Polished concrete: Not just shiny

Conclusion

‘Shiny’ does not equate to polished concrete. Many Division 09 finishes mimic a polished finish without providing the strength, safety, and sustainability of an actual refined concrete floor. Photos courtesy XRQ Corp
‘Shiny’ does not equate to polished concrete. Many Division 09 finishes mimic a polished finish without providing the strength, safety, and sustainability of an actual refined concrete floor.
Photos courtesy XRQ Corp

Liquid-applied ‘doping-agents’ and ‘finishing enhancers’ that are used to manage the grinding and polishing process suffer from the same contractor-derived meanings as grits. They are helpful for describing the process, but not for illustrating the qualitative slab properties, such as stain resistance, water repellency, or COF, a design professional wants to achieve. Each of these properties could require different liquid-applied products or grit profiles. Specifications describing ‘sealers’ or ‘densifiers,’ in general terms, cannot fully provide the required performance values to explain the required degree of stain resistance. A performance requirement must describe what stains the finish is required to resist, be that orange juice, ketchup, and mustard, wine and beer, or animal byproducts, as all of these may require a different doping-agent or combination of sealers and densifiers to achieve the expected performance.

Simply stating constructor terms has done a disservice to the industry as a whole by trying to market various doping-agents into niche categories. Very few people are able to determine the difference between the sealers and physically refined polished floors. Stating the use of the different doping-agents without mentioning the performance expectations can lead the contractor to propose substitutions. Only few specifiers can determine potential differences, and only after floor performance is affected.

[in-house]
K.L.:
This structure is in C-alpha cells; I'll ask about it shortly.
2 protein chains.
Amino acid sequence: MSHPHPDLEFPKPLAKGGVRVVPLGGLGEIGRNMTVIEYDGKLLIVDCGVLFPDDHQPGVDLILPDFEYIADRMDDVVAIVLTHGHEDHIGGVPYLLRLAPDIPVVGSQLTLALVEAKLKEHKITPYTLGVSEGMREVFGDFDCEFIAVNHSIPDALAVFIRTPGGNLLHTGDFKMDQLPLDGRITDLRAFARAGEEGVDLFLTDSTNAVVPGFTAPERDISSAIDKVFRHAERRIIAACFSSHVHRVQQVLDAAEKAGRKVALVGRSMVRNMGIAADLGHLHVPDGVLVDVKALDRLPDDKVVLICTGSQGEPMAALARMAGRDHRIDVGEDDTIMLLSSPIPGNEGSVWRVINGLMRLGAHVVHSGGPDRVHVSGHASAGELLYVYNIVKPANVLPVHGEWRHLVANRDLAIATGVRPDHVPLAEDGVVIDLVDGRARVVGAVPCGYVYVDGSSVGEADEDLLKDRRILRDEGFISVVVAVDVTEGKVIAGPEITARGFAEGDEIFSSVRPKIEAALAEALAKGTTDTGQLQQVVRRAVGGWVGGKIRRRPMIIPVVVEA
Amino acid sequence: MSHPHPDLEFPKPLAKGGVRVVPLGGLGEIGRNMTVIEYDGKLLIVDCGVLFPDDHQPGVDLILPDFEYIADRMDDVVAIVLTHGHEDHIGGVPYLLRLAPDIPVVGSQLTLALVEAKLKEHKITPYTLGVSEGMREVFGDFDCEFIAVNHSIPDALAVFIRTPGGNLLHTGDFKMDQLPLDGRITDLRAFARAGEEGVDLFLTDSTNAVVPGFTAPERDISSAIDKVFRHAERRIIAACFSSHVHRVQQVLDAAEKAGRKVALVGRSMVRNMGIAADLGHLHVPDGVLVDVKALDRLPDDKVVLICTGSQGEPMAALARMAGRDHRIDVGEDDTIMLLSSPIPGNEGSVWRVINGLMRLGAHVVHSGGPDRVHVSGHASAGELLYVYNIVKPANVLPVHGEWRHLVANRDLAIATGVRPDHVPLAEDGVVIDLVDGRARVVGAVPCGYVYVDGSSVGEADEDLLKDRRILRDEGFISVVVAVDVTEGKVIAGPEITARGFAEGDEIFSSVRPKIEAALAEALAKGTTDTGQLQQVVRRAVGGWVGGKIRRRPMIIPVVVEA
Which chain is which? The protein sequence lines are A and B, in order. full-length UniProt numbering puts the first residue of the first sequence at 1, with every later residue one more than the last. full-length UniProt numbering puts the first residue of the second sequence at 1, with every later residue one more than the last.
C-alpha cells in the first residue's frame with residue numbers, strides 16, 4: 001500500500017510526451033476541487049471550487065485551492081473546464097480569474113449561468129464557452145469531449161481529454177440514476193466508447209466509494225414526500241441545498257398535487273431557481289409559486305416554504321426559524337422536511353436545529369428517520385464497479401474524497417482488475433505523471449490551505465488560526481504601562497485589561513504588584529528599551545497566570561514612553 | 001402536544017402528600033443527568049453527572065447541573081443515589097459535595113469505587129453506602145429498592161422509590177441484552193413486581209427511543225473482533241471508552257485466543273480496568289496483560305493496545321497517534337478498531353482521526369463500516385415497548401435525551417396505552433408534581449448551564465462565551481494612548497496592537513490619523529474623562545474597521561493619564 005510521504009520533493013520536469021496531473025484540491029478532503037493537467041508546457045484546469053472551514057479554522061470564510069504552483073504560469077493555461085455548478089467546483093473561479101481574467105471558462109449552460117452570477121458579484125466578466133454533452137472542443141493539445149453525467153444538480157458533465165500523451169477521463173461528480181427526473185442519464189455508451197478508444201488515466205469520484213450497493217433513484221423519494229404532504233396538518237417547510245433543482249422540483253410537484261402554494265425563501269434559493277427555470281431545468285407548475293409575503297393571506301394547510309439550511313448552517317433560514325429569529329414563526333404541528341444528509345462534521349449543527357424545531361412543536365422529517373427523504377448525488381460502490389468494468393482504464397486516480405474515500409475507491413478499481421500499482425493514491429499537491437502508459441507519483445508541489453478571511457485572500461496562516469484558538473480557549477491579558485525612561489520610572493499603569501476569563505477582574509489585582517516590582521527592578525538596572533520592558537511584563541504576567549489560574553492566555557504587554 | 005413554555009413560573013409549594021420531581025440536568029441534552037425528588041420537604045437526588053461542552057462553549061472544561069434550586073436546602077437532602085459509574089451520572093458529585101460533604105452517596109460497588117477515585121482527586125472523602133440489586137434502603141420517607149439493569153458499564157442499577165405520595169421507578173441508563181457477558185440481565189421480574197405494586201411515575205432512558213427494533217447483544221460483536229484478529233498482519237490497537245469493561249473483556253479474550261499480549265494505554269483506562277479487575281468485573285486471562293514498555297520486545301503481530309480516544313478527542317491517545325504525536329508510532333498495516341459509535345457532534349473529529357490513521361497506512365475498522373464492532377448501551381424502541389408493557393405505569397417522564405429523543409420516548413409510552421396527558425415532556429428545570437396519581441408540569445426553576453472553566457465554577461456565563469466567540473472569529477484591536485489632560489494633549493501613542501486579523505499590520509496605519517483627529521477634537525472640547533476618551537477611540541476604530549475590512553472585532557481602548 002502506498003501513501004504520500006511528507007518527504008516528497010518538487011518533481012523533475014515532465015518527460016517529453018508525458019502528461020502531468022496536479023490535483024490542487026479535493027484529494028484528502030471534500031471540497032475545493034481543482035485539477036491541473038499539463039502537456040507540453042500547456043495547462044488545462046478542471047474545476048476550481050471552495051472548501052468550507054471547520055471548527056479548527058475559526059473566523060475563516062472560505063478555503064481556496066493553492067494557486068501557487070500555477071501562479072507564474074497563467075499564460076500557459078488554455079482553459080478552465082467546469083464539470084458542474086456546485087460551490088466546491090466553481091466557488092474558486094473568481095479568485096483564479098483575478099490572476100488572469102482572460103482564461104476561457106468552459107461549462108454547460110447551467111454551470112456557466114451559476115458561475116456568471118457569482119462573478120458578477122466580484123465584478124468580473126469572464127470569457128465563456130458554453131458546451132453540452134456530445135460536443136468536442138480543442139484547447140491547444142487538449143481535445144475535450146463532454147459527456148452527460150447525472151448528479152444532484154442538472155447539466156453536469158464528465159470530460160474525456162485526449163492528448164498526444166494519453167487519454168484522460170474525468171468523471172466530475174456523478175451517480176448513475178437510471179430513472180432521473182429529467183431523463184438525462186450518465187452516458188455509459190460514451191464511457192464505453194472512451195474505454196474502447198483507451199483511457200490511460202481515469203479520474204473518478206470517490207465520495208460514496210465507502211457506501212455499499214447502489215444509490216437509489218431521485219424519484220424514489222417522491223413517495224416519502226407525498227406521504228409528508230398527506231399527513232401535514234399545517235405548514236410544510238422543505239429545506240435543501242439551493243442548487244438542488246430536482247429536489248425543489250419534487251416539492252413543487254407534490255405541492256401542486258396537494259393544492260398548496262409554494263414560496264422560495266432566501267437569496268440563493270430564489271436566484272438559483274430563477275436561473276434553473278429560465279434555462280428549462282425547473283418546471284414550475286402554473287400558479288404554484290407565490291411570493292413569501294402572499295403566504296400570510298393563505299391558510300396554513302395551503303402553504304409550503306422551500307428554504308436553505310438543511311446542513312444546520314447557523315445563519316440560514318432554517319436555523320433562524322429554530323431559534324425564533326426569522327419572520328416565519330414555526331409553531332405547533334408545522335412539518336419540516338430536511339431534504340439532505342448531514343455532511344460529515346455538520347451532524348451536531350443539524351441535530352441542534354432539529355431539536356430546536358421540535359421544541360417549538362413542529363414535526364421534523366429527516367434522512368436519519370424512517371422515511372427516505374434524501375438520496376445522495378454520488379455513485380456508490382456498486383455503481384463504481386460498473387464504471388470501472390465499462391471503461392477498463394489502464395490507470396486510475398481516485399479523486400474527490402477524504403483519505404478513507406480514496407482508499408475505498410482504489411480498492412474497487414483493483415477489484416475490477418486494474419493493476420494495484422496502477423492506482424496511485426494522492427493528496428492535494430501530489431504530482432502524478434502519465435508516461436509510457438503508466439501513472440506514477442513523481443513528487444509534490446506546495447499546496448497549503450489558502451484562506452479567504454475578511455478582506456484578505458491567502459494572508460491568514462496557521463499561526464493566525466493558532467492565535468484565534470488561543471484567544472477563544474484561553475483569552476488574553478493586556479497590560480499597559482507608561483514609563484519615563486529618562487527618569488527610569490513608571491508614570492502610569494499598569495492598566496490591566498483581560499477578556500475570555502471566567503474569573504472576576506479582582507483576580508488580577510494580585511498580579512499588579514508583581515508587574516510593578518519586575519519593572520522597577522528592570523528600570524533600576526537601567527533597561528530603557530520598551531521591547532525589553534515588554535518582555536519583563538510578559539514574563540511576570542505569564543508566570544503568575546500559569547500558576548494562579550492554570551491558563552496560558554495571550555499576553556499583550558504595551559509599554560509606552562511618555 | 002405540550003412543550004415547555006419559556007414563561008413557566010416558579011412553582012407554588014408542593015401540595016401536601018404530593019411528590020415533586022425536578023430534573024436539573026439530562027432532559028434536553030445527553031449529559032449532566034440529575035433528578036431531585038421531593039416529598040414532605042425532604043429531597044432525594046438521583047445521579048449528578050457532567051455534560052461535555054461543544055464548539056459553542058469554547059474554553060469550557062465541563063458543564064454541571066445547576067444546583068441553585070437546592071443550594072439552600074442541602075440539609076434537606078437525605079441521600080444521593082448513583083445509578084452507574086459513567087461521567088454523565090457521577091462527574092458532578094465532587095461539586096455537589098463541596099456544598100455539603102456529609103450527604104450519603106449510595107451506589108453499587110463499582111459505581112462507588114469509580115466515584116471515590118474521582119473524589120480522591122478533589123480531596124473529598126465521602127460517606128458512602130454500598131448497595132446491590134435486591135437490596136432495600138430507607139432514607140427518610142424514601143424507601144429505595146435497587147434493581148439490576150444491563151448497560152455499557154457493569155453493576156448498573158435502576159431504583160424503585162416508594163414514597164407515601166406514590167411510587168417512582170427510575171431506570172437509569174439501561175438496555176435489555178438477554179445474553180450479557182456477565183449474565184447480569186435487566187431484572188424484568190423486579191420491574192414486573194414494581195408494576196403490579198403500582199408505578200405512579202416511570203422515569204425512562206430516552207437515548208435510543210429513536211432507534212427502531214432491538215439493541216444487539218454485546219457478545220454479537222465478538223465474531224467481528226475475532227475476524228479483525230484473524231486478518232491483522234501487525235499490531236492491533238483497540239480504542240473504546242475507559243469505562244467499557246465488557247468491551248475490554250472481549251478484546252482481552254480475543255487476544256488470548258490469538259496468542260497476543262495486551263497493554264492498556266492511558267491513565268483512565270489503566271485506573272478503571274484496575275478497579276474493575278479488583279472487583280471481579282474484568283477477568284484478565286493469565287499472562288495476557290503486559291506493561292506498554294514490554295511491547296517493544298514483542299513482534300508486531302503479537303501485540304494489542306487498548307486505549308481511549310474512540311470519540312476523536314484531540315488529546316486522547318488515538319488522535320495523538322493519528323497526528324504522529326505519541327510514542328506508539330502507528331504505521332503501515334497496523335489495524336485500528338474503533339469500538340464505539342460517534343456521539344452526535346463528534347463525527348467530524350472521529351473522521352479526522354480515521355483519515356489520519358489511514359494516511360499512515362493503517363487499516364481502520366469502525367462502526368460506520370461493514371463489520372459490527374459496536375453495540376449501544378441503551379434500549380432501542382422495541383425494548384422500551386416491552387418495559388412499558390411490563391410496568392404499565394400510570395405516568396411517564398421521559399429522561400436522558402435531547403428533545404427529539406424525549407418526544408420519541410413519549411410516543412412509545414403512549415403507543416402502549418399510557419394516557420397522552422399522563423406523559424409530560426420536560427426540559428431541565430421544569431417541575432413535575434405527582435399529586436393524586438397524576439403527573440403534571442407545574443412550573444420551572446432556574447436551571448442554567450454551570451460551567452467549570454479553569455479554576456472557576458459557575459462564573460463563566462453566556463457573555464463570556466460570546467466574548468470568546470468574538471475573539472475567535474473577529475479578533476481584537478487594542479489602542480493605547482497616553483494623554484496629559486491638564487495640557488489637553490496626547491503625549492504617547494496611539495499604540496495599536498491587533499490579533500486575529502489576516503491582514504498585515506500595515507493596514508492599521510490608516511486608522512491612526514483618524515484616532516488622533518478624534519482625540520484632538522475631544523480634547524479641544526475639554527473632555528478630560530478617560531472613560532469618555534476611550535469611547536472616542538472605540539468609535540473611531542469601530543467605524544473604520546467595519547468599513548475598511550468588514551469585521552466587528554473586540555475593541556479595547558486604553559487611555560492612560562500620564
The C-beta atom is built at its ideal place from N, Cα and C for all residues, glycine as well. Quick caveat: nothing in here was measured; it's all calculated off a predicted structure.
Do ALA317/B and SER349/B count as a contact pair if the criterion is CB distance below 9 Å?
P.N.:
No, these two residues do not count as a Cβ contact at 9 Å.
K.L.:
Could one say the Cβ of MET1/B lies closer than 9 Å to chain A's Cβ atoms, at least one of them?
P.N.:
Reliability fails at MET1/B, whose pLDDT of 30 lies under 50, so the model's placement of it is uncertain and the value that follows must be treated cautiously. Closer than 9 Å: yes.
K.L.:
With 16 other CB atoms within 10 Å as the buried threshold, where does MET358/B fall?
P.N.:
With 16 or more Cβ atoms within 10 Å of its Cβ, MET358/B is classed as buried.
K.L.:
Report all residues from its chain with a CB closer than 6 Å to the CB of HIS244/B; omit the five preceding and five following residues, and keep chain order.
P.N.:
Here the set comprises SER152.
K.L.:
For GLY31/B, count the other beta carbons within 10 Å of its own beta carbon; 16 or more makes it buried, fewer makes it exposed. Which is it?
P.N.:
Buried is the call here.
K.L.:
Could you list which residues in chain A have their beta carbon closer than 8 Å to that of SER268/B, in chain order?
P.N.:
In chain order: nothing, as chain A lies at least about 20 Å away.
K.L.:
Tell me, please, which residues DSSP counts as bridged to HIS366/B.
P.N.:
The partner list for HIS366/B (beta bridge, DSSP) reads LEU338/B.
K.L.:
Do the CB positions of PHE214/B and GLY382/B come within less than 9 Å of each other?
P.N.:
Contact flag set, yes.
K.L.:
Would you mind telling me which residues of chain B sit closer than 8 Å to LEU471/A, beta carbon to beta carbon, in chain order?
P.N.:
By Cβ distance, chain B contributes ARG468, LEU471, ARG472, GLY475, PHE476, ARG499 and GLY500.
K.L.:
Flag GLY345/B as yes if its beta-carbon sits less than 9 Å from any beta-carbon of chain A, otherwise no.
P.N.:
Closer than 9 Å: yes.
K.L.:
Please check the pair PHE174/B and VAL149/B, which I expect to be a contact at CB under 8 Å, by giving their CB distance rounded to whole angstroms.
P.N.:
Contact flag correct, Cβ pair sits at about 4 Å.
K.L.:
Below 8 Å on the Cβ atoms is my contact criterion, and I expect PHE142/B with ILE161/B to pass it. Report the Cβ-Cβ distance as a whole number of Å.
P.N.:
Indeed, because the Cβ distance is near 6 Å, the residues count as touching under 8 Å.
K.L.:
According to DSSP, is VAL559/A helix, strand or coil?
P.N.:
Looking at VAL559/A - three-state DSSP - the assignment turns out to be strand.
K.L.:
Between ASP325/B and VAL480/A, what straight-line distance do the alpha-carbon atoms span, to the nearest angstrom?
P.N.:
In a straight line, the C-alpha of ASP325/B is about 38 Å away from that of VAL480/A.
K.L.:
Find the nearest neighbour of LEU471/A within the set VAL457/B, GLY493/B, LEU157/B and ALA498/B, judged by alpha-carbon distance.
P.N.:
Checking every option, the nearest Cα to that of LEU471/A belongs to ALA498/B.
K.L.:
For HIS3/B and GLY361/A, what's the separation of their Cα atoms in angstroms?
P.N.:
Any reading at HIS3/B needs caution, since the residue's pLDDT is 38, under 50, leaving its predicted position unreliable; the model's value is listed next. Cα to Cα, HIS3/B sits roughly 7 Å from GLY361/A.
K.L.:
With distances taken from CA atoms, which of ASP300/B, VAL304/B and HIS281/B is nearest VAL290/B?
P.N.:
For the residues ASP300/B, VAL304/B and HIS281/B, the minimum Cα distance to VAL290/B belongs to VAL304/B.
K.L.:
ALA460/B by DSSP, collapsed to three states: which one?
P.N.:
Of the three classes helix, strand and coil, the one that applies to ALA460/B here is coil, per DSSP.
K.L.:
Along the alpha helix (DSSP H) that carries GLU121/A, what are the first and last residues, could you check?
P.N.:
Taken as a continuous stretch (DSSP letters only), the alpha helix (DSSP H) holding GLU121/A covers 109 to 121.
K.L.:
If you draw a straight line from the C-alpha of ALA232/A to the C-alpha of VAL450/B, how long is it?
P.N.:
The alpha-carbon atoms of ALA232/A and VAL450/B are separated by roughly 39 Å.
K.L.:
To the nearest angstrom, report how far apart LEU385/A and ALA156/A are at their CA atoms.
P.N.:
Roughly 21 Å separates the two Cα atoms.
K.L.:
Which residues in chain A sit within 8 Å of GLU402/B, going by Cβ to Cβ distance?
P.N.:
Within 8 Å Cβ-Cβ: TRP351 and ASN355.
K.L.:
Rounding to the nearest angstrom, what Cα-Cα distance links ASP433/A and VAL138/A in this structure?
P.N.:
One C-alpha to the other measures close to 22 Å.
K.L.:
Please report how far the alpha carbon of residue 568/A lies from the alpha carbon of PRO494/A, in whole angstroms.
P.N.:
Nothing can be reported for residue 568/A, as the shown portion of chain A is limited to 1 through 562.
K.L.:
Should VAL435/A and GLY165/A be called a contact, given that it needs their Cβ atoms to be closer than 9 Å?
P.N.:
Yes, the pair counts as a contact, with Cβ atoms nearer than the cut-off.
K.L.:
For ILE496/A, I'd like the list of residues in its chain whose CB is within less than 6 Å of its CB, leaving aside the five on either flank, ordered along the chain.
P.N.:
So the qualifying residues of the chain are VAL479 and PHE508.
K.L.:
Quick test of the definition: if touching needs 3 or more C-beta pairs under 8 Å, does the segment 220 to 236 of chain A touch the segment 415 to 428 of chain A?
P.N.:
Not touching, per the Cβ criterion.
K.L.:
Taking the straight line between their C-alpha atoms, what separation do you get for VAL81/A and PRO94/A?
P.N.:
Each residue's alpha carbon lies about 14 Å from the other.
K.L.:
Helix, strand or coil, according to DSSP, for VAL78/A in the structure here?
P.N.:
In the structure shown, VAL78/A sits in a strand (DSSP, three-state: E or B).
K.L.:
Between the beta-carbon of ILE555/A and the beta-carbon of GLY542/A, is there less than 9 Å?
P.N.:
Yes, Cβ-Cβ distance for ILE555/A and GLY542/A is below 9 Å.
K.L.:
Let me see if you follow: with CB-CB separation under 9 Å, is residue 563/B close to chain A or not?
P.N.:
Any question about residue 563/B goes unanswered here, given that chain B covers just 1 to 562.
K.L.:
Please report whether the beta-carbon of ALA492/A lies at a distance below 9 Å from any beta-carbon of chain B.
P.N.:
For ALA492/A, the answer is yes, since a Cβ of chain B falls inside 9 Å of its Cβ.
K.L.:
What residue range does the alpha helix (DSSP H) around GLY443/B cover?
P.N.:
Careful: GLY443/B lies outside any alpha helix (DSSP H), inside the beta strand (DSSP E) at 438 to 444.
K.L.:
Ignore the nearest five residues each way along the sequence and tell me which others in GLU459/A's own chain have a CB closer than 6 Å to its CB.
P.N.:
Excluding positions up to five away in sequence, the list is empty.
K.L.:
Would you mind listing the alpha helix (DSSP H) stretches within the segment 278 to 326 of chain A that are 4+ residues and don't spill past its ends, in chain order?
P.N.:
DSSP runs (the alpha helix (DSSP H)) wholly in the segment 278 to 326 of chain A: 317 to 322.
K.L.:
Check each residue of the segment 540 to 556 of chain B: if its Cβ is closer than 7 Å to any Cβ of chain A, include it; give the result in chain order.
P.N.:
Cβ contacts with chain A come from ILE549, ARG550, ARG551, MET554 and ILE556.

The lack of standardized terminology results in bids, including fully refined, ground, and polished concrete floors as well as surface-applied sealers or coatings. Using contractor terminology to build a means and methods specification always backfires, and the nature of the language leaves the design firm and owner at risk for poor outcomes.

Specifications with micro-surface benchmarks measured in microinches (μin) or micrometers (μm) as a means to describe surface profile and COF combined with distinctiveness of image to confirm the aesthetic appearance can successfully describe performance criteria without relying on application of resinous coatings or topical sealers.

Chris Bennett, CSI, is the owner of Bennett Build, a network of construction professionals and researchers dedicated to helping organizations understand and solve concrete and flooring problems. He can be reached via e-mail at chris@bennettbuild.us.

Keith Robinson, RSW, FCSC, FCSI, is an associate at Dialog in Edmonton, Alberta. Robinson also instructs courses for the University of Alberta, acts as an advisor to several construction groups, and sits on many standards review committees for ASTM and the National Fire Protection Association (NFPA). He can be reached at krobinson@dialogdesign.ca.

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2 comments on “Polished concrete: Not just shiny”

  1. In addition to the sheen and the level of grinding for a polished concrete, what is the language that should be included on the specifications about the staining proof and COF? are there any ASTMs to address this?

    Thank you

    1. Luis,

      A good place to start is with ANSI B101.3 for dynamic coefficient of friction as well as ASME B46.1-2009. Feel free to contact directly for more information.

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